From the Word
7 But whatever gain I had, I counted as loss for the sake of Christ. 8 Indeed I count everything as loss because of the surpassing worth of knowing Christ Jesus my Lord. For his sake I have suffered the loss of all things, and count them as refuse, in order that I may gain Christ 9 and be found in him, not having a righteousness of my own, based on law, but that which is through faith in Christ, the righteousness from God that depends on faith
Philippians 3:7–9, RSV
As far as the righteousness of the law is concerned, Paul dares to say that he regards it as filth and refuse; notwithstanding in its beautiful and blameless form it is unsurpassed by anything in the world. Only the righteousness of faith teaches us how to apprehend God — how confidently to console ourselves with his grace and await a future life, expecting to approach Christ in the resurrection. By “approaching” him we mean to meet him in death and at the judgment day without terror, not fleeing, but gladly drawing near and hailing him with joy as the one awaited with intense longing.
Now, the righteousness of the law cannot effect such confidence of mind. Hence, for me it avails nothing before God. What does avail is God’s imputation of righteousness for Christ’s sake through faith. God declares to us in his Word that the believer in his Son shall, for Christ’s sake, have God’s grace and eternal life. He who knows this is able to wait in hope for the last day, having no fear, no disposition to flee.
But is it not treating the righteousness of the law with irreverence and contempt to regard it as something not only useless, but loathsome and abominable? Should we not condemn as a heretic this preacher who goes beyond his prerogative and dares find fault with the law of God? Paul would say: I, too, was such a one. In my most perfect righteousness of the law I was an enemy and persecutor of the Church of Christ. It was the legitimate fruit of my righteousness that I thought I must be a party to the most horrible persecution of Christ and his Christians. Thus my holiness made me an actual enemy of Christ and a murderer of his followers.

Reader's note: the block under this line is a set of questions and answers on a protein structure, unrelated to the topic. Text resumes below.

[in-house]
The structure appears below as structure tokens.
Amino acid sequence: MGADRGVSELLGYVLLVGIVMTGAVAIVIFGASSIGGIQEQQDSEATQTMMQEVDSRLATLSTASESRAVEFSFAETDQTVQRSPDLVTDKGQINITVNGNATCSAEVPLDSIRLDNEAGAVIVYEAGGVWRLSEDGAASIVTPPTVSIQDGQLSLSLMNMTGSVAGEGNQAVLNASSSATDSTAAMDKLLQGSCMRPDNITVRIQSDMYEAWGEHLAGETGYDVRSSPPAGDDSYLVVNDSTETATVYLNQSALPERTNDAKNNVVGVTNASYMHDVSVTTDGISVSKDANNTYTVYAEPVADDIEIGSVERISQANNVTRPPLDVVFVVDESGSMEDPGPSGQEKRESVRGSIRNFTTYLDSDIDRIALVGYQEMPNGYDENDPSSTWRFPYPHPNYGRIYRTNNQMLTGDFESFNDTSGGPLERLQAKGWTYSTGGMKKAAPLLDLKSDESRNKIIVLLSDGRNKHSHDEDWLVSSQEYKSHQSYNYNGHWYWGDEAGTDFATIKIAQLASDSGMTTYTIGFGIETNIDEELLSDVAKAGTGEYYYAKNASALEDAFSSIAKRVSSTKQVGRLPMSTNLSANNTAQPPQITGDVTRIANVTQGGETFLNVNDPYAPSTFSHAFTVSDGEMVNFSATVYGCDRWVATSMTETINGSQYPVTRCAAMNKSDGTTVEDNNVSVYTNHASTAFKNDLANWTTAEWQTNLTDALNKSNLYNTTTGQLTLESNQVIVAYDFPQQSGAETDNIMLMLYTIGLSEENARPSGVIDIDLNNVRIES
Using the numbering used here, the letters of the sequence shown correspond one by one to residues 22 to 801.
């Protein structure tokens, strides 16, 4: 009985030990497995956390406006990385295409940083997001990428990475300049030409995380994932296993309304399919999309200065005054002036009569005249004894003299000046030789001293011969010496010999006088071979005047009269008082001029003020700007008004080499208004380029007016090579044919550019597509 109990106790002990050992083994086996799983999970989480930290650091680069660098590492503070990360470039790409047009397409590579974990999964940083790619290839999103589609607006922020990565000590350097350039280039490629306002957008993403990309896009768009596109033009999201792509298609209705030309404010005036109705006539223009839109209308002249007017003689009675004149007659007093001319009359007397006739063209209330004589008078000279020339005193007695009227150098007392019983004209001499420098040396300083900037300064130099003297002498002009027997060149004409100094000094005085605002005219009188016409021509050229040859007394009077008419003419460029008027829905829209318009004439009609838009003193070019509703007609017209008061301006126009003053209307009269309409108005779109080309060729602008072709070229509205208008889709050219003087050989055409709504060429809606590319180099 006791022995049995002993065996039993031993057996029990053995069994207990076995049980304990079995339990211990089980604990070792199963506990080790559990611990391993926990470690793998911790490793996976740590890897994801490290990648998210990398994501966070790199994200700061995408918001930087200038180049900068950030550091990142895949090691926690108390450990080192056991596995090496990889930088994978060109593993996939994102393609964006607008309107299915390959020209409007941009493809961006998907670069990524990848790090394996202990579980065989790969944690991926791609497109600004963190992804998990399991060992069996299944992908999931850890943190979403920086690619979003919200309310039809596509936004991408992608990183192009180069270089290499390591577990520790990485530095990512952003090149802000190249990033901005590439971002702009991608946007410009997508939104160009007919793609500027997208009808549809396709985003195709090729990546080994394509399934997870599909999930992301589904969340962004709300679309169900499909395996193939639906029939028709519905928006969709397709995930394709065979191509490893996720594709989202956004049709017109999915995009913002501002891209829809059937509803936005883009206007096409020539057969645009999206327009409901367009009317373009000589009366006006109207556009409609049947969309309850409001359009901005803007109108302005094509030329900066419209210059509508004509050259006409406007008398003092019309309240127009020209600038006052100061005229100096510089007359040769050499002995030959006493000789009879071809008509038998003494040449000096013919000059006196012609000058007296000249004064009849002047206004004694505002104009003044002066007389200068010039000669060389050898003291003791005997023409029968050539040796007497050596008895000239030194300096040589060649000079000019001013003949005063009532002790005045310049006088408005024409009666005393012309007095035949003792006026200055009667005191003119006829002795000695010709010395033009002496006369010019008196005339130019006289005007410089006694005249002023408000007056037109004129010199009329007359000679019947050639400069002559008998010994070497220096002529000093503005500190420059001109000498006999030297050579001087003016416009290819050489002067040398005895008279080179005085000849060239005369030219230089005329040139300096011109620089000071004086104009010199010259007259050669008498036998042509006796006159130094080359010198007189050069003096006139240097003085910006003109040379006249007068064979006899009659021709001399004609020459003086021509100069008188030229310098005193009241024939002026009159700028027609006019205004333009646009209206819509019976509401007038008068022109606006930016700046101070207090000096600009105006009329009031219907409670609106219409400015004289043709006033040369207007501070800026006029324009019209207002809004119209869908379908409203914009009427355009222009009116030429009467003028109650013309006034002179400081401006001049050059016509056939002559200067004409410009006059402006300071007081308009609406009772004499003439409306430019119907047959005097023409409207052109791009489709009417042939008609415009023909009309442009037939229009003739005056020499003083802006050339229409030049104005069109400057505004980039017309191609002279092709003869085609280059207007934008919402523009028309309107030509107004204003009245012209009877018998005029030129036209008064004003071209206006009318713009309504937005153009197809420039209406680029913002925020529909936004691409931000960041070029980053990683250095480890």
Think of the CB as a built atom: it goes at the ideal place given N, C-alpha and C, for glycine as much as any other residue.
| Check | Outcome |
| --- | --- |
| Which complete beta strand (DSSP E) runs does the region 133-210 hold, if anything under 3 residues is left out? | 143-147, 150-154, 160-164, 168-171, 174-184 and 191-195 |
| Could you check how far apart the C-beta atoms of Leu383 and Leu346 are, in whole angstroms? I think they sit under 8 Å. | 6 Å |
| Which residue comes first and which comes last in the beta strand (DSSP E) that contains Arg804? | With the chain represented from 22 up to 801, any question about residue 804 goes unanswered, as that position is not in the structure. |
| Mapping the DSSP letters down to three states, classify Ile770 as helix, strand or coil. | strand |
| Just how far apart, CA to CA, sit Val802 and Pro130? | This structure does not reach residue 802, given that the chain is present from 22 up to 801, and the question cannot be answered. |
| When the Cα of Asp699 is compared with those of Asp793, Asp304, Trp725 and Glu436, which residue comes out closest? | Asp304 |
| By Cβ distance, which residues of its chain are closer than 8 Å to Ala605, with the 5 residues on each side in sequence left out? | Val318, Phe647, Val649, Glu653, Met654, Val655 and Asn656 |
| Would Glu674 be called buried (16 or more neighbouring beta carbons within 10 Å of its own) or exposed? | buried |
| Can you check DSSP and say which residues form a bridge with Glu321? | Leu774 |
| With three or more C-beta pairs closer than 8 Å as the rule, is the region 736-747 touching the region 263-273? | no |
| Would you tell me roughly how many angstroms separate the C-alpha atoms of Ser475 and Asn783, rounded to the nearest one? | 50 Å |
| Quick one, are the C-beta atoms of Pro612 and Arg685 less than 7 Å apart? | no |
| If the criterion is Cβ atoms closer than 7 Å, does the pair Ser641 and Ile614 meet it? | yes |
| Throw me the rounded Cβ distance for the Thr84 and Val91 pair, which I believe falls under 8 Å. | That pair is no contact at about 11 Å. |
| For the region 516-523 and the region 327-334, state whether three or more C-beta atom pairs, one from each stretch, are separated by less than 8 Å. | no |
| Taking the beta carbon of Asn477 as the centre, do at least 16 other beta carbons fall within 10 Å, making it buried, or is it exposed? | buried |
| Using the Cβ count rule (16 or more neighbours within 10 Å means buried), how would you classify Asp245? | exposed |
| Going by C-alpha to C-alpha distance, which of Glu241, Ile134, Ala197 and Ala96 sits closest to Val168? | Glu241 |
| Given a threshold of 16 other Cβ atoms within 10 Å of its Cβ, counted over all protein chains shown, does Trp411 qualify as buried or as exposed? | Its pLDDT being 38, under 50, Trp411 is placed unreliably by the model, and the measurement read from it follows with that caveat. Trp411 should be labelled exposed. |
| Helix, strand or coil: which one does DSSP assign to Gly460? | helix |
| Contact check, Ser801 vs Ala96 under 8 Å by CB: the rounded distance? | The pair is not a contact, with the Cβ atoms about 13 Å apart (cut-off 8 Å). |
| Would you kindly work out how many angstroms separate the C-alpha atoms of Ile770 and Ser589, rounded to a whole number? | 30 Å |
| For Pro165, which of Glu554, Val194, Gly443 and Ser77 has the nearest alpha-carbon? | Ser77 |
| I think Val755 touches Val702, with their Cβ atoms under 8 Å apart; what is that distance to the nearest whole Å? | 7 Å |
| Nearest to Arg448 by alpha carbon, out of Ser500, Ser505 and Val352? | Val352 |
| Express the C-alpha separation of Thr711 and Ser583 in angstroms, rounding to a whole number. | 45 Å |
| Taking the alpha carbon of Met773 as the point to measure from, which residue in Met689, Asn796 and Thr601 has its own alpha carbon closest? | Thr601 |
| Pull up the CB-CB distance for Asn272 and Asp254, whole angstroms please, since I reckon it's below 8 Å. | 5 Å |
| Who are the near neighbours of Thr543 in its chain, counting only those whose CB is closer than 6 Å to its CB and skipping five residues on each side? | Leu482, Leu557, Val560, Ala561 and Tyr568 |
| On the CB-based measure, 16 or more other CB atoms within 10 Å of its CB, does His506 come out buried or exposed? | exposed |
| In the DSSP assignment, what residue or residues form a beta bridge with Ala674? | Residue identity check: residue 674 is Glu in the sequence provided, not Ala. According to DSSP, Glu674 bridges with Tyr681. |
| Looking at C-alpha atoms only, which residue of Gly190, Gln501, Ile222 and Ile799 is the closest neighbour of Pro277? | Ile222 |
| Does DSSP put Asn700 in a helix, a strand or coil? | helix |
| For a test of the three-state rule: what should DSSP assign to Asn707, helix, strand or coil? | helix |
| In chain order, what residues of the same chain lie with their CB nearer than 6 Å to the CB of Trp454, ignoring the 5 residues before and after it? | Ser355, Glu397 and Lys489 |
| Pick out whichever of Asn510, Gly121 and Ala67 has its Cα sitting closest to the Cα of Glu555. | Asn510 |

Whence such a disposition? It naturally springs from human righteousness. Every individual who professes human righteousness, and knows nothing of Christ, holds that righteousness efficacious before God. He relies upon it and gratifies himself with it, presuming thereby to present a flattering appearance in God’s sight and to render himself especially acceptable to him. His enmity is greater and his hatred more bitter toward the preaching that dares to censure such righteousness and assert its futility to merit God’s grace and eternal life.
Luther, Martin, and John Sander. Devotional Readings from Luther’s Works for Every Day of the Year. Augustana Book Concern, 1915, pp. 402–03.